Ted Koppel Says He's Leaving 'Nightline'

Ted Koppel (search), who has anchored ABC News' "Nightline" (search) since its inception a quarter-century ago, said Thursday he will leave the network when contract expires at the end of the year.

"Ted and I have discussed a number of options under which he might have remained at 'Nightline' or in some other capacity at ABC News, but Ted believes this is the right time for him to leave," ABC News President David Westin said.

Westin said he was optimistic that "Nightline" would continue with an orderly transition. Ultimately, ABC and parent Walt Disney Corp. executives will decide whether the network sticks with news in that time slot.

In its 25th anniversary year, Koppel's ABC News program has been at a crossroads, and speculations have been swirling as recently as last month about what changes the network might implement.

"Nightline"'s ratings have dropped to almost half of what they were a decade ago, though they've rebounded slightly the first few months of this year.

The future of the program and Koppel's position there were threatened three years ago when ABC tried to lure comedian and "Late Show" (search) host David Letterman (search) from CBS. And late last year, one of the program's co-executive producers stepped down, citing an inability to agree on changes.

There has been talk of swapping Koppel, who recently turned 65, with ABC's George Stephanopoulos (search), putting Stephanopoulous in the "Nightline" host slot and Koppel on the struggling Sunday morning franchise "This Week" (search).

"There has been endless speculation about 'Nightline,'" ABC News spokesman Jeffrey Schneider said in mid-February. "I expect there will be more. I'm not going to add to that speculation, except to say we are doing the finest broadcast right now and expect to continue."

But the network wanted to figure out the future of the program by year's end, since Koppel's contract was expiring by then.

Ratings for "Nightline" have been up slightly this year, reversing a longstanding trend of declining viewership.

The show averages 3.8 million viewers a night, down from 6.3 million viewers a decade ago, according to Nielsen Media Research (search).

In that same stretch, David Letterman's "Late Show" dropped from 6.3 million to 4.6 million on CBS. NBC's dominant "Tonight" show with Jay Leno (search) averaged 5.7 million viewers a decade ago and is at 5.8 million now.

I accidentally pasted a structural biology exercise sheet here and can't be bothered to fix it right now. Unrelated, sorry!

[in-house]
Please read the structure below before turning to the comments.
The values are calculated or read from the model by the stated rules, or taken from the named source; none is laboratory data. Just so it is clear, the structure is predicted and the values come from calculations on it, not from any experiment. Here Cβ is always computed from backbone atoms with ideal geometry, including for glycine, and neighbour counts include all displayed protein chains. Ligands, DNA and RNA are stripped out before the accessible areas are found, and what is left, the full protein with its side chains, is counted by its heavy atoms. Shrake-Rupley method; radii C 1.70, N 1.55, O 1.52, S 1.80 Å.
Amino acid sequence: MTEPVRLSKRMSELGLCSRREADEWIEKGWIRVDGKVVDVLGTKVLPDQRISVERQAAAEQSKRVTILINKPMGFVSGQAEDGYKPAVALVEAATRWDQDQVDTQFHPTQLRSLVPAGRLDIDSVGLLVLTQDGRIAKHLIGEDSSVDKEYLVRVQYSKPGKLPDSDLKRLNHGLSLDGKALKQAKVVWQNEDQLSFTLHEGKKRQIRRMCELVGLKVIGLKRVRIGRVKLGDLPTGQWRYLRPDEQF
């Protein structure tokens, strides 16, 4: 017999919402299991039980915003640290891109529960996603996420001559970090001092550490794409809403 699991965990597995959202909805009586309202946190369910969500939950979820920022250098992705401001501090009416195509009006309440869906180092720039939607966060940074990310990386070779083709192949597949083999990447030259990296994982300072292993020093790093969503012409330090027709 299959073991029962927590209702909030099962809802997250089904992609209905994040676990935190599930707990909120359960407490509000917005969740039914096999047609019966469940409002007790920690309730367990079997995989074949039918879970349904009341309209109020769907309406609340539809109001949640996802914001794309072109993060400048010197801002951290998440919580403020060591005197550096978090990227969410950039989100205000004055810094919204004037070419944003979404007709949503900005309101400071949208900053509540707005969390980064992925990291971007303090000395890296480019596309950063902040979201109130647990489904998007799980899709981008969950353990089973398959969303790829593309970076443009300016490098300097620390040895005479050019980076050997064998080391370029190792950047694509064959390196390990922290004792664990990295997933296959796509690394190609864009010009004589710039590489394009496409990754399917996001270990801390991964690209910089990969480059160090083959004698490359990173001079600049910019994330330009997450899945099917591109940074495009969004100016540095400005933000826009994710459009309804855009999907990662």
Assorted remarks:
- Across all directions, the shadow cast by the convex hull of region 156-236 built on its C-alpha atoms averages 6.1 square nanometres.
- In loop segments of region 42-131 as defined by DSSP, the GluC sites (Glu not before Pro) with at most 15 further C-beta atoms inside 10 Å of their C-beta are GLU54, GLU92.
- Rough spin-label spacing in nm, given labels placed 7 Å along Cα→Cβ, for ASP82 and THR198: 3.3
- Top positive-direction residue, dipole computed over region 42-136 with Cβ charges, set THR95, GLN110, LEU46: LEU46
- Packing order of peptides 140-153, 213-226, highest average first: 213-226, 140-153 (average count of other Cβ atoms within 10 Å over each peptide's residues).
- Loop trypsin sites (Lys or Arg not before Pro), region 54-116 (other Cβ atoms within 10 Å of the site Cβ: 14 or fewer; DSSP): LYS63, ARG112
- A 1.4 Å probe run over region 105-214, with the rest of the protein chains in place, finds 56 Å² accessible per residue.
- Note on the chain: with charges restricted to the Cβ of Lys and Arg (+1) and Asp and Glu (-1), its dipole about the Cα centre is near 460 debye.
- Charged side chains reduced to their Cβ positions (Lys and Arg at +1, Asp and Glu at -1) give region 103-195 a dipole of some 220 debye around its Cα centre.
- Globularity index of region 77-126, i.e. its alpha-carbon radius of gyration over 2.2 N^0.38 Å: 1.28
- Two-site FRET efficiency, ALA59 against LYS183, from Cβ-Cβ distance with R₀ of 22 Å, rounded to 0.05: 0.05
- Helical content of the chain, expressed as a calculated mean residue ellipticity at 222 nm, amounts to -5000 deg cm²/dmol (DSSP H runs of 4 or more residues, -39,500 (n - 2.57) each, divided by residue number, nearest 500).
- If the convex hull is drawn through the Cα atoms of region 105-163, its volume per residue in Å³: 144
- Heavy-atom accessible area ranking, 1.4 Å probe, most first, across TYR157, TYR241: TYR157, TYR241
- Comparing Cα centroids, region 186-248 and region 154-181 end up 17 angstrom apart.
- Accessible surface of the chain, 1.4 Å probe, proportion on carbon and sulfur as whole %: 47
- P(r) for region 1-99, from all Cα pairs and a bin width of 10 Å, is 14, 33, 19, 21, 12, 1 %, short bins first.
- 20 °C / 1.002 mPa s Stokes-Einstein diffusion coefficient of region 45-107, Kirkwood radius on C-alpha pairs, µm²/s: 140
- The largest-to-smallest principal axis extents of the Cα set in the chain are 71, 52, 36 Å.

"Nightline" began as a series of special reports during the Iranian hostage crisis in 1980, and was groundbreaking in its early years for how Koppel conducted live interviews with several subjects — a standard in television now but then a product of new technology.

Though it was once a relative novelty, "Nightline" has been competing in a television environment saturated by news. People have also been going to bed earlier and getting up earlier, as the increasing viewership for local early-morning news shows indicates.

Furthermore, many companies have tensions between headquarters and satellite offices, and that's frequently been the case with ABC News' New York office and the "Nightline" Washington base.

"Nightline" co-executive producer Leroy Sievers resigned in November, saying the company was considering fundamental changes to the show and "we were unable to agree on those changes."

In February, neither Stephanopolous nor Koppel was willing to talk of a possible swap or any other changes the network was considering. All others involved said then that the speculation of a new order was premature.

"We're thinking about something that is basically a year off and a lot can happen between now and then," Tom Bettag, "Nightline" executive producer, said in February.

"All of us have put a lot of years into putting together a broadcast that is unique in television and is important to viewers," he said. "We'll do everything we can to make sure it will go on another 25 years."